Japanese researcher Ryuma Niiyama, PhD, is optimistic that with some fine-tuning, “Athlete,” the humanoid, biped robot, will be able to run. Right now, however, all it can do is go a few strides before falling over.
Athlete was developed by Ryuma Niiyama while a doctoral candidate at the University of Tokyo, Japan, Department of Mechano-Informatics, with colleague Satoshi Nishikawa, under the supervision of their advisor Professor Yasuo Kuniyoshi. The researchers presented Athlete at the Humanoids 2010 conference in Nashville, Tennessee, December 6-8.
Traditional humanoid robots have rigid legs that run by changing the angle of their joints, which results in a mechanical gait.
According to several papers written by Niiyama, Nishikawa, and Kuniyoshi,* Athlete’s muscle configurations correspond to the human anatomical structure-each leg has seven sets of pneumatic artificial muscles, controlled by custom-made pressure-control valves, that mimic the muscle pairs in human legs. This allows for range of motion and the moment on each joint to be compatible with a human and muscle activation to be patterned on human running. The robot also has sensor feedback components that orient the “body” properly.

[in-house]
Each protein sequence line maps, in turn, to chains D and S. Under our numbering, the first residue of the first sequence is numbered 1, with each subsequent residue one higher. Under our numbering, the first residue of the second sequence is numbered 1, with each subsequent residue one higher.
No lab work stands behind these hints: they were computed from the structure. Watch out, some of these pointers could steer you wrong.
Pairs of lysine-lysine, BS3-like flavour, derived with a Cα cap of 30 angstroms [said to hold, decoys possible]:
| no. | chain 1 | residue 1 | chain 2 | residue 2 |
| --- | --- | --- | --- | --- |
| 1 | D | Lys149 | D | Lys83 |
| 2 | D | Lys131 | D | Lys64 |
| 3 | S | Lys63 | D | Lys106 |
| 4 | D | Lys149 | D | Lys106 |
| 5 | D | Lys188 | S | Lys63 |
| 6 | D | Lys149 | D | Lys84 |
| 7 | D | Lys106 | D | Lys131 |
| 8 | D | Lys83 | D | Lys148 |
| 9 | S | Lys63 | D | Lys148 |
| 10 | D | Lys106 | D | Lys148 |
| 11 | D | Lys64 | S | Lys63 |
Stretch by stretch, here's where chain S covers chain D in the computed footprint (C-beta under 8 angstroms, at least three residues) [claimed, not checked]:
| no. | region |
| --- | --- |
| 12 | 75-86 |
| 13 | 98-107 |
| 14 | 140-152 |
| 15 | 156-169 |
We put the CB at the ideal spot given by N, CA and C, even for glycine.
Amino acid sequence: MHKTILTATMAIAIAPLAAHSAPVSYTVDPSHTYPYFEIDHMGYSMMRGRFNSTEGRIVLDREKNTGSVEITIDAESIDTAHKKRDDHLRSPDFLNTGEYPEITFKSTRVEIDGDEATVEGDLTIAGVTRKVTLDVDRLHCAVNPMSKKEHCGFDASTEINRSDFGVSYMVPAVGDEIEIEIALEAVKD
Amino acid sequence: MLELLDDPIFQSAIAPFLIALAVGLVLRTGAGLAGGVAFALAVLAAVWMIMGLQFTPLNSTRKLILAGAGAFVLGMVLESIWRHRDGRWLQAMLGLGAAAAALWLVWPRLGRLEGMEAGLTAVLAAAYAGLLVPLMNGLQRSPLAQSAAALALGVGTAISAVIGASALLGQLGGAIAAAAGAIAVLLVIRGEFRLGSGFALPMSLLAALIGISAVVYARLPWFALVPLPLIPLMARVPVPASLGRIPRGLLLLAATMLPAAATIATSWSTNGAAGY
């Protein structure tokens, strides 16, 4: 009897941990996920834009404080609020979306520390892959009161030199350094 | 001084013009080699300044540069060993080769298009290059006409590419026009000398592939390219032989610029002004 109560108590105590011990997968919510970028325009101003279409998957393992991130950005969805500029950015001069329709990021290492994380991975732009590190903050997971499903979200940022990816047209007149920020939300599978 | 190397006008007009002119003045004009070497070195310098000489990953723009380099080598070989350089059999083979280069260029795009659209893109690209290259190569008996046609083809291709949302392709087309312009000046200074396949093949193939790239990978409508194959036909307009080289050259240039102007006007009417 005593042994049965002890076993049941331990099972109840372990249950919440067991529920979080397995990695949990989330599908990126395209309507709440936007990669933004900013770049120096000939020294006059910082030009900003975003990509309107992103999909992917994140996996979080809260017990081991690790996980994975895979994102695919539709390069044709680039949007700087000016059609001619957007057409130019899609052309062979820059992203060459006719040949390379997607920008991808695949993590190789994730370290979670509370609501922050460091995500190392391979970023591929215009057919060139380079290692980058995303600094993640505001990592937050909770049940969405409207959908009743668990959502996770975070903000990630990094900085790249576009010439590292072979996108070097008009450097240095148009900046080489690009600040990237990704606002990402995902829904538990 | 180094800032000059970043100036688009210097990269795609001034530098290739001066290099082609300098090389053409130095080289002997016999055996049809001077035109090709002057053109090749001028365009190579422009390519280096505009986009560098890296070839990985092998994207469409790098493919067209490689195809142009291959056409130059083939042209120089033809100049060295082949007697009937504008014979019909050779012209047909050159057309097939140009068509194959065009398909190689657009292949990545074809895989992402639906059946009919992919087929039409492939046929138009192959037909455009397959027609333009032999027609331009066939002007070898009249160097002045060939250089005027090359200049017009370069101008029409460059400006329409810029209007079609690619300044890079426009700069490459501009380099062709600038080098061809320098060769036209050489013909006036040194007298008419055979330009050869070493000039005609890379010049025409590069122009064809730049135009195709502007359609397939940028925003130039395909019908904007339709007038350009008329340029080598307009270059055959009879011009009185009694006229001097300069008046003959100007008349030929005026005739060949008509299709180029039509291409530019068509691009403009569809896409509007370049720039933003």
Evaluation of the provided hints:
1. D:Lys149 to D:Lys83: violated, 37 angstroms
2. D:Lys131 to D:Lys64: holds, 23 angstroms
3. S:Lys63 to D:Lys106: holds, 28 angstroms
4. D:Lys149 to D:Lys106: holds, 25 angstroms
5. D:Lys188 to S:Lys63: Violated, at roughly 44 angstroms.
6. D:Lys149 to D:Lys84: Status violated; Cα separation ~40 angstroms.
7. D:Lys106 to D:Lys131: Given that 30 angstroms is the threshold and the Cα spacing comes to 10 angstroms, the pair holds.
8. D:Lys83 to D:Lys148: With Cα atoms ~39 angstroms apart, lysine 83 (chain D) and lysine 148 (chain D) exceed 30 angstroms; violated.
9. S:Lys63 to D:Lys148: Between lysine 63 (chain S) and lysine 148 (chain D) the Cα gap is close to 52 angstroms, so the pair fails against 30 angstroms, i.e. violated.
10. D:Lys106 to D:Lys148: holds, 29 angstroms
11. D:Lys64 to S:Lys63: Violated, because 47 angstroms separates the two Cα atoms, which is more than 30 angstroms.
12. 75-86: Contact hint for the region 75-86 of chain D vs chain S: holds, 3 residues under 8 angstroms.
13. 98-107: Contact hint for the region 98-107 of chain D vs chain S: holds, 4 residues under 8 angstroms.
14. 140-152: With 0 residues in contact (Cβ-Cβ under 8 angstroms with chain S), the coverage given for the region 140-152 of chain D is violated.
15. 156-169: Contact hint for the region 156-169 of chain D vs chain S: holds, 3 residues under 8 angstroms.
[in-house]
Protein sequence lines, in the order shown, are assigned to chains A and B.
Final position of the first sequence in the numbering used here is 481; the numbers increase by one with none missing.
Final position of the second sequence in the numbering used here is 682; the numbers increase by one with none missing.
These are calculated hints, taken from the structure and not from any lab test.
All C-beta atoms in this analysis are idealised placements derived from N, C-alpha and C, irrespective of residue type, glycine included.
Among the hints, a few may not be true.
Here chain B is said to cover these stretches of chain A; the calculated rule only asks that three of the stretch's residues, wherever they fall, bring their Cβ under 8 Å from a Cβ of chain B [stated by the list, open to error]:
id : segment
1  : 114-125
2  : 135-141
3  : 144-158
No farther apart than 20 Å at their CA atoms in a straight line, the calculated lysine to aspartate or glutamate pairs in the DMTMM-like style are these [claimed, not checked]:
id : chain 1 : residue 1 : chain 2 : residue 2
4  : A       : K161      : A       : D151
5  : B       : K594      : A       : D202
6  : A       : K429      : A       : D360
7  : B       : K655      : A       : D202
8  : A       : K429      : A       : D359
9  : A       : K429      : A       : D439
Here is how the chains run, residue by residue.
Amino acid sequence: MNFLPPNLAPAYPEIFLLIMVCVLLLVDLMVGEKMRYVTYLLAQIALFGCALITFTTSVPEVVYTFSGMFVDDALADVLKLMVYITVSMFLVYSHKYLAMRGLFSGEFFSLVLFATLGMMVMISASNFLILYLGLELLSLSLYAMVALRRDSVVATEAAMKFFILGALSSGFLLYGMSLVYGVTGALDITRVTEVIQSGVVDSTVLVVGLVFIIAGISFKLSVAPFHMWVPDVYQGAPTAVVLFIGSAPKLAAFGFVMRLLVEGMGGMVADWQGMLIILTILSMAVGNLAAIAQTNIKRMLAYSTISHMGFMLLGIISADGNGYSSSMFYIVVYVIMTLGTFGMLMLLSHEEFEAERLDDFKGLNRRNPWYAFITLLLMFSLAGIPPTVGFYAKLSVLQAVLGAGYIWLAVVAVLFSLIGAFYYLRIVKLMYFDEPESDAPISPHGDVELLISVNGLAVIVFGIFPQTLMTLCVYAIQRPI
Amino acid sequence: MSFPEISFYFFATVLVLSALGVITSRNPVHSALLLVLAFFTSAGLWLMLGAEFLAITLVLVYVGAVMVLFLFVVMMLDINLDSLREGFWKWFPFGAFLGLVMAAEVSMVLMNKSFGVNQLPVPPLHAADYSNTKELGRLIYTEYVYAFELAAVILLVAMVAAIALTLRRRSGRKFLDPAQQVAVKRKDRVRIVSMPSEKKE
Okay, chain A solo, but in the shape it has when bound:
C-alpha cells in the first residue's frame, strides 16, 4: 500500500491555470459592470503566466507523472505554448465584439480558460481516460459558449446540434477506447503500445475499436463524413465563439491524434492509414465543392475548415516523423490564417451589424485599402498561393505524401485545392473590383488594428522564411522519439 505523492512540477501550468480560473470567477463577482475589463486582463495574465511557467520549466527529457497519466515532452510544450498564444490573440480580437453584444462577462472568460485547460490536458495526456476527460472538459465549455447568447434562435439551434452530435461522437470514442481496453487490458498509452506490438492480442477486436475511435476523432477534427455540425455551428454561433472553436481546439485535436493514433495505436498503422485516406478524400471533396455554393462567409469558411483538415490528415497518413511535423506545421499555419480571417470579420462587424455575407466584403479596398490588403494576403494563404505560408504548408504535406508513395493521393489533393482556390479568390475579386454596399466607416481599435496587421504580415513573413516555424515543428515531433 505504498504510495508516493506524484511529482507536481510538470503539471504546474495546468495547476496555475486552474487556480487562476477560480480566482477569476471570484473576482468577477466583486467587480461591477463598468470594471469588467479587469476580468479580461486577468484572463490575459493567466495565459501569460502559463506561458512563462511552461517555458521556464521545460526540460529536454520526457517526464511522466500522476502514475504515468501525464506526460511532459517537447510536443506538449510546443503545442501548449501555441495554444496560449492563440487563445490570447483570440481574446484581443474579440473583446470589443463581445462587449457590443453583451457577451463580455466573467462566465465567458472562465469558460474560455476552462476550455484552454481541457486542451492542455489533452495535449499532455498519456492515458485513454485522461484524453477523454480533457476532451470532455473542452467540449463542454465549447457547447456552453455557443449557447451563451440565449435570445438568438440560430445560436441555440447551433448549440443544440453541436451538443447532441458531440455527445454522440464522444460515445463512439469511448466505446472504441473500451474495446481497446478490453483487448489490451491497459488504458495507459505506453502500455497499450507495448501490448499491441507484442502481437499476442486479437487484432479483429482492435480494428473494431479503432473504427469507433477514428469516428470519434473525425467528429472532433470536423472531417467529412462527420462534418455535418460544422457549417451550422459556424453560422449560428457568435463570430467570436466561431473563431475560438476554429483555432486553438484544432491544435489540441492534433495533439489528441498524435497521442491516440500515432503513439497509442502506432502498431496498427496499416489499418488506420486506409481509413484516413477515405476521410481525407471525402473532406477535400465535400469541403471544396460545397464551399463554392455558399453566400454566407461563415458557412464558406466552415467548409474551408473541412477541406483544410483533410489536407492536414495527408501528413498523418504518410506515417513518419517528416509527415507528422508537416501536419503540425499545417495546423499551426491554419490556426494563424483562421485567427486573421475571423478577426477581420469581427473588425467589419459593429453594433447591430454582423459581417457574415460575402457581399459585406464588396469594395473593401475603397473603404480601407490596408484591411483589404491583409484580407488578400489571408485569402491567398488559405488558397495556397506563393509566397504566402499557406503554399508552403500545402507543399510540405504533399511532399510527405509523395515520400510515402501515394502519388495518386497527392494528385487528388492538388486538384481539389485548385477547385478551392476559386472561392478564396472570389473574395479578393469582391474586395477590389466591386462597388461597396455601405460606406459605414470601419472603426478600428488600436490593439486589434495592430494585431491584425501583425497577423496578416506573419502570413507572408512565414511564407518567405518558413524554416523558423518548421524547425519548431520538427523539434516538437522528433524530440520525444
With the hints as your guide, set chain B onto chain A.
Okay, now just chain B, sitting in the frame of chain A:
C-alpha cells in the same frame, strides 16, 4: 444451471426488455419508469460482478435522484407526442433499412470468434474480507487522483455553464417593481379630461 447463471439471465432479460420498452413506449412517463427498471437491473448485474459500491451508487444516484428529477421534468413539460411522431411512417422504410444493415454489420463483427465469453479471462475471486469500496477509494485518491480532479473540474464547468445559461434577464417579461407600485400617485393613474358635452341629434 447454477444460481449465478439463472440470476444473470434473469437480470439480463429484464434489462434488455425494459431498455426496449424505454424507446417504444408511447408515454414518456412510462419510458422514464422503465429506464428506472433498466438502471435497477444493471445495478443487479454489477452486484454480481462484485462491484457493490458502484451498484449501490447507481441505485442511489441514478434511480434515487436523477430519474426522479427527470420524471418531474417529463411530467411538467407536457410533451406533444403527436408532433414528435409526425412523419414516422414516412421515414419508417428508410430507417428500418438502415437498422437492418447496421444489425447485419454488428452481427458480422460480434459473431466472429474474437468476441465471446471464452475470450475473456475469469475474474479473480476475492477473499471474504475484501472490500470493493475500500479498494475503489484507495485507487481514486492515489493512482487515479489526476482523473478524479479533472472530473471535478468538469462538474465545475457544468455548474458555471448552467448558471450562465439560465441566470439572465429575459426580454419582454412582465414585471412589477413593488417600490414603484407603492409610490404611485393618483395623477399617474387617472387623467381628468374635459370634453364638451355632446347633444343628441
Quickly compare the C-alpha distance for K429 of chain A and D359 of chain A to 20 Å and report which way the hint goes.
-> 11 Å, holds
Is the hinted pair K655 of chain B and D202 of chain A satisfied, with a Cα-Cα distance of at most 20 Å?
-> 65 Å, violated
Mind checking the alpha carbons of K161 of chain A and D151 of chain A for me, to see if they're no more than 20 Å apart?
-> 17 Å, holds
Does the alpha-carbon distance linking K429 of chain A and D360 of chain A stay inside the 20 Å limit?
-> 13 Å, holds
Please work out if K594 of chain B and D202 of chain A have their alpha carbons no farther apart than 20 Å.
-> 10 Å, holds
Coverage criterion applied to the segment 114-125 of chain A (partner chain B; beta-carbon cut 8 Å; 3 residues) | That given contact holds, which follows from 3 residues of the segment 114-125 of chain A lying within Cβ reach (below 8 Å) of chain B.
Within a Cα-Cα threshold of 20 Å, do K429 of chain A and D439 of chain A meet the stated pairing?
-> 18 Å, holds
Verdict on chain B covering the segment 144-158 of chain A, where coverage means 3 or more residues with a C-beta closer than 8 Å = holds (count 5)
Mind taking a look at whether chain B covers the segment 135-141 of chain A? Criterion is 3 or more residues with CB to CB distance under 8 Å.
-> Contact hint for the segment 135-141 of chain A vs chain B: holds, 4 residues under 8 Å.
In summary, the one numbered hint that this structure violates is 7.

Niiyama told IEEE Spectrum blogger Erico Guizzo that human runners with prosthetic feet, similar to South African sprinter Oscar “the Blade Runner” Pistorious, inspired him, which is why the current iteration of Athlete uses prosthetic running blades in place of the “lower leg” pneumatic actuators of earlier versions.
Niiyama is currently a postdoctoral research associate at the Massachusetts Institute of Technology (MIT) Robot Locomotion Group in Cambridge. Niiyama and his colleagues are now focusing their research on better understanding how humans control muscles during tasks like running. They plan an advanced analysis to fine-tune Athlete’s movements and improve the sensor feedback control.
To view a video of Athlete’s development and first attempts at running, visit www.youtube.com/watch?v=bXqUjiNw8fo
* “Design Principle Based on Maximum Output Force Profile for a Muskuloskeletal Robot,” published in Industrial Robot: An International Journal, Vol. 32, No. 3, 2010; “Athlete Robot with Applied Human Muscle Activation Patterns for Bipedal Running,” in Proceedings of the IEEE-RAS International Conference on Humanoid Robots (Humanoids 2010), pp. 498-503, Nashville, Tennessee, December 2010; and “Design of a Musculoskeletal Robot: A Biomechanical Approach,” in Proceedings of the 12th International Conference on Climbing and Walking Robots and the Support Technologies for Mobile Machines, pp. 173-180, Istanbul, Turkey, September 2009.